SANTA ROSA -- Datum Technologies passed another milestone last week. After a year of careful documentation and other qualifying measures the precision machine shop received its AS9100C quality-control certification for aerospace manufacturing.
"It was grueling," said Datum president and co-founder Richard Hunt. His wife, company chief executive officer and co-founder Analisa Hunt, did most of the work, he said.
The certification comes about a year and a half after the Santa Rosa-based company received the coveted ISO certification, allowing it to work for many government and defense suppliers, but not at the level Datum has achieved with the new certificate. The AS9100 standard incorporates and expands upon the ISO 9001 standard.
[caption id="attachment_74530" align="alignleft" width="243"] Datum precision-machined semiconductor valve[/caption]
"This is a relatively new process required just within the last couple of years," said Mr. Hunt. "The first question we've been getting from aerospace giants like Lockheed and Northrop Grumman has been, 'Are you As9100C yet?' If you're not they don't want to talk with you. Now that we are, we can continue the conversation."
At only nine employees, Datum Tech (707-738-3914, datumtech-cnc.com) is the one of the smallest companies to hold the qualification, and only the second manufacturer in Sonoma County to have it. Petaluma-based Donal Machine, with five times the staff, is also AS9100-certified.
In anticipation of new aerospace contracts, Datum has built a new quality-assurance lab at its expanded facility on O'Hair Court. The company also invested $250,000 in a brand new five-axis milling machine, soon to be delivered.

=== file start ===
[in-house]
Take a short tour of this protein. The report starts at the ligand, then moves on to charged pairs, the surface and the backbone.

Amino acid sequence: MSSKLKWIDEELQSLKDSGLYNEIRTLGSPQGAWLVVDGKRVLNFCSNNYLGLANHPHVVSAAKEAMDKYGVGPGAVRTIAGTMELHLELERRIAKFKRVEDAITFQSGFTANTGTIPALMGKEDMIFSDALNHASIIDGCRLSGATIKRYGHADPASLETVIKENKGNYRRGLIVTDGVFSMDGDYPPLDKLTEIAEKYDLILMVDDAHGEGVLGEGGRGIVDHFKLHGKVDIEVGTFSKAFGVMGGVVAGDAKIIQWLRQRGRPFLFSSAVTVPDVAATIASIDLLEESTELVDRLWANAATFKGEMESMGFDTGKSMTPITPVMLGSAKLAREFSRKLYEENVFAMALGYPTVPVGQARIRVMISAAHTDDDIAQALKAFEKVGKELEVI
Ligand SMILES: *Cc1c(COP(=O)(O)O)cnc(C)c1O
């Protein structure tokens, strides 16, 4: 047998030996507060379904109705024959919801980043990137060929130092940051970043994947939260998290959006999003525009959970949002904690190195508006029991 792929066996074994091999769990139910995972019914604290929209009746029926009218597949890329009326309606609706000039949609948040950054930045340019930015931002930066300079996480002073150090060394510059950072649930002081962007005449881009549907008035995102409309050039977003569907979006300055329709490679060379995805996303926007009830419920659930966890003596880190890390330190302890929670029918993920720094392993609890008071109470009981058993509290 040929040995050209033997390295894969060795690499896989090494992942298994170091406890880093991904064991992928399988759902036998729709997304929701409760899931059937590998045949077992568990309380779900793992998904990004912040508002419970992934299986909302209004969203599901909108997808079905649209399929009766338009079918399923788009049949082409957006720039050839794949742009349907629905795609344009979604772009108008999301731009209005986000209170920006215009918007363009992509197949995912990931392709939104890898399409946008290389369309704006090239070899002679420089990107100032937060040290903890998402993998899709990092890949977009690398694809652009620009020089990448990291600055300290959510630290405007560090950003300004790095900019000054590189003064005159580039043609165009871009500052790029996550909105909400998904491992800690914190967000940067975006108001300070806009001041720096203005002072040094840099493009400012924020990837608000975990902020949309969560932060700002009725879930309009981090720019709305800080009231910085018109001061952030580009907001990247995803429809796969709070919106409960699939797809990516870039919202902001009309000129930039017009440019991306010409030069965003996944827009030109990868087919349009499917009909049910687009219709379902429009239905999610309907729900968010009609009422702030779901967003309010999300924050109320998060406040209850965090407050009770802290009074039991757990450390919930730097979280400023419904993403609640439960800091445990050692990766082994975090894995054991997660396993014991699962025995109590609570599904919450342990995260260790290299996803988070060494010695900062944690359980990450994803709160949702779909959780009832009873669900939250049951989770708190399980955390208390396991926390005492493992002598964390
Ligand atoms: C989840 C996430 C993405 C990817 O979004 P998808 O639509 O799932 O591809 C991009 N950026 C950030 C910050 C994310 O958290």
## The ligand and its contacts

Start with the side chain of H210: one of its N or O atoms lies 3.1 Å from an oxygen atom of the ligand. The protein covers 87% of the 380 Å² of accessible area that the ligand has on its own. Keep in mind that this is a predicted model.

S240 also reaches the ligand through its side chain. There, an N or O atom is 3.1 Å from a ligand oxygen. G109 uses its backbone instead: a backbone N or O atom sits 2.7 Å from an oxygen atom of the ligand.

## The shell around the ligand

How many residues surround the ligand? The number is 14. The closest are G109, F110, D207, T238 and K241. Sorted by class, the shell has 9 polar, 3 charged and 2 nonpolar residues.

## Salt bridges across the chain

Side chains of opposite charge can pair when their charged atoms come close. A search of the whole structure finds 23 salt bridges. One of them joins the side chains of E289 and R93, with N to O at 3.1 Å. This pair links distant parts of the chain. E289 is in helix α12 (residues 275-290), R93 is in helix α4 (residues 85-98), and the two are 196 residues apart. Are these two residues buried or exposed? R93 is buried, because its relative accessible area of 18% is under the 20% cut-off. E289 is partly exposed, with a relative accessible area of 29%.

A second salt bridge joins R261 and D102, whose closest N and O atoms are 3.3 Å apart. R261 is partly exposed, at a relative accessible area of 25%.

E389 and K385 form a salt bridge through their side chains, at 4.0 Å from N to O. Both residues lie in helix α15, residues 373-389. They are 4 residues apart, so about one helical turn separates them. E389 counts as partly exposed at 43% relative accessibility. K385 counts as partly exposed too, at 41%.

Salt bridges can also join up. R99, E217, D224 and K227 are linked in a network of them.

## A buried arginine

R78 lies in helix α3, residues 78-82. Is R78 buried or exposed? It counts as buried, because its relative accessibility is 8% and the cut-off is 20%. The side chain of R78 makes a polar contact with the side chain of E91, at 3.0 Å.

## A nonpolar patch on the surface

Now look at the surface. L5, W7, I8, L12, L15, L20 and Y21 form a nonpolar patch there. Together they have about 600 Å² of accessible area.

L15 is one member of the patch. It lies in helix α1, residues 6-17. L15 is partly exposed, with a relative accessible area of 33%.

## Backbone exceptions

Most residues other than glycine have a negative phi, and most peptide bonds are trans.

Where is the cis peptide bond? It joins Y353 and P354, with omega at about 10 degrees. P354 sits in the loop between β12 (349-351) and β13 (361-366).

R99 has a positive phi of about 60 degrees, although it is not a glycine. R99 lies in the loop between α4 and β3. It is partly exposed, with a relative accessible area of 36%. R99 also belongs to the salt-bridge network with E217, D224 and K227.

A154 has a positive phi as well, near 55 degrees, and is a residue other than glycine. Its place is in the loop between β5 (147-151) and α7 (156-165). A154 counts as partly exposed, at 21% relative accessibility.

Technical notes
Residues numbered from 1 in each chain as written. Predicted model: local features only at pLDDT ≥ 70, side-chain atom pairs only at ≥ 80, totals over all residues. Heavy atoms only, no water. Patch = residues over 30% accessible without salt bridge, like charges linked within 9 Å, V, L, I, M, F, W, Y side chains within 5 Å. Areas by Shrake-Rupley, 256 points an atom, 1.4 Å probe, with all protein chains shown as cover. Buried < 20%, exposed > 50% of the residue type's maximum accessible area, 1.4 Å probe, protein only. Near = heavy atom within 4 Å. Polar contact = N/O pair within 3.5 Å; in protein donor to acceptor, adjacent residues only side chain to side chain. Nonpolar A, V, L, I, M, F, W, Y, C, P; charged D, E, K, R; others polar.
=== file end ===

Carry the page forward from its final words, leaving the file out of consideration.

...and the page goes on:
"We'll be growing our workforce as we go," said Mr. Hunt.
The certification was obtained with the help of ISOCert Solutions of Petaluma. The process, undertaken at the urging of local manufacturing alliance 101MFG, was partly in response to the hit the Hunts' previous company, Aspen Precision, took when Agilent sent its manufacturing operations overseas.
[caption id="attachment_74531" align="alignright" width="240"] Datum Technologies lab[/caption]
The loss of contracts plus a sour economy forced Aspen, a maker of components for test and measurement systems, to close down in 2002. But the Hunts opened Datum soon afterwards.
"We realized that Datum would need to diversify its client base if it was going to survive," said Mr. Hunt.
That meant machining more and more complex components for systems builders like General Dynamics' Healdsburg facility, which builds high-power electromagnetic motors used in missiles, and Sacramento-based Aerojet, a builder of rocket engines.
"We make components for the semiconductor industry, medical device makers and now flight components for aerospace," said Mr. Hunt. "Successful precision manufacturers air for a moving target. You have to stay flexible and ready always to move in new directions."
Datum was a recipient of a Business Journal Top Manufacturers Award in 2011.
Correction, June 11, 2013: Datum Technologies built a new quality-assurance laboratory and installed a five-axis milling machine. The original story had incorrect information.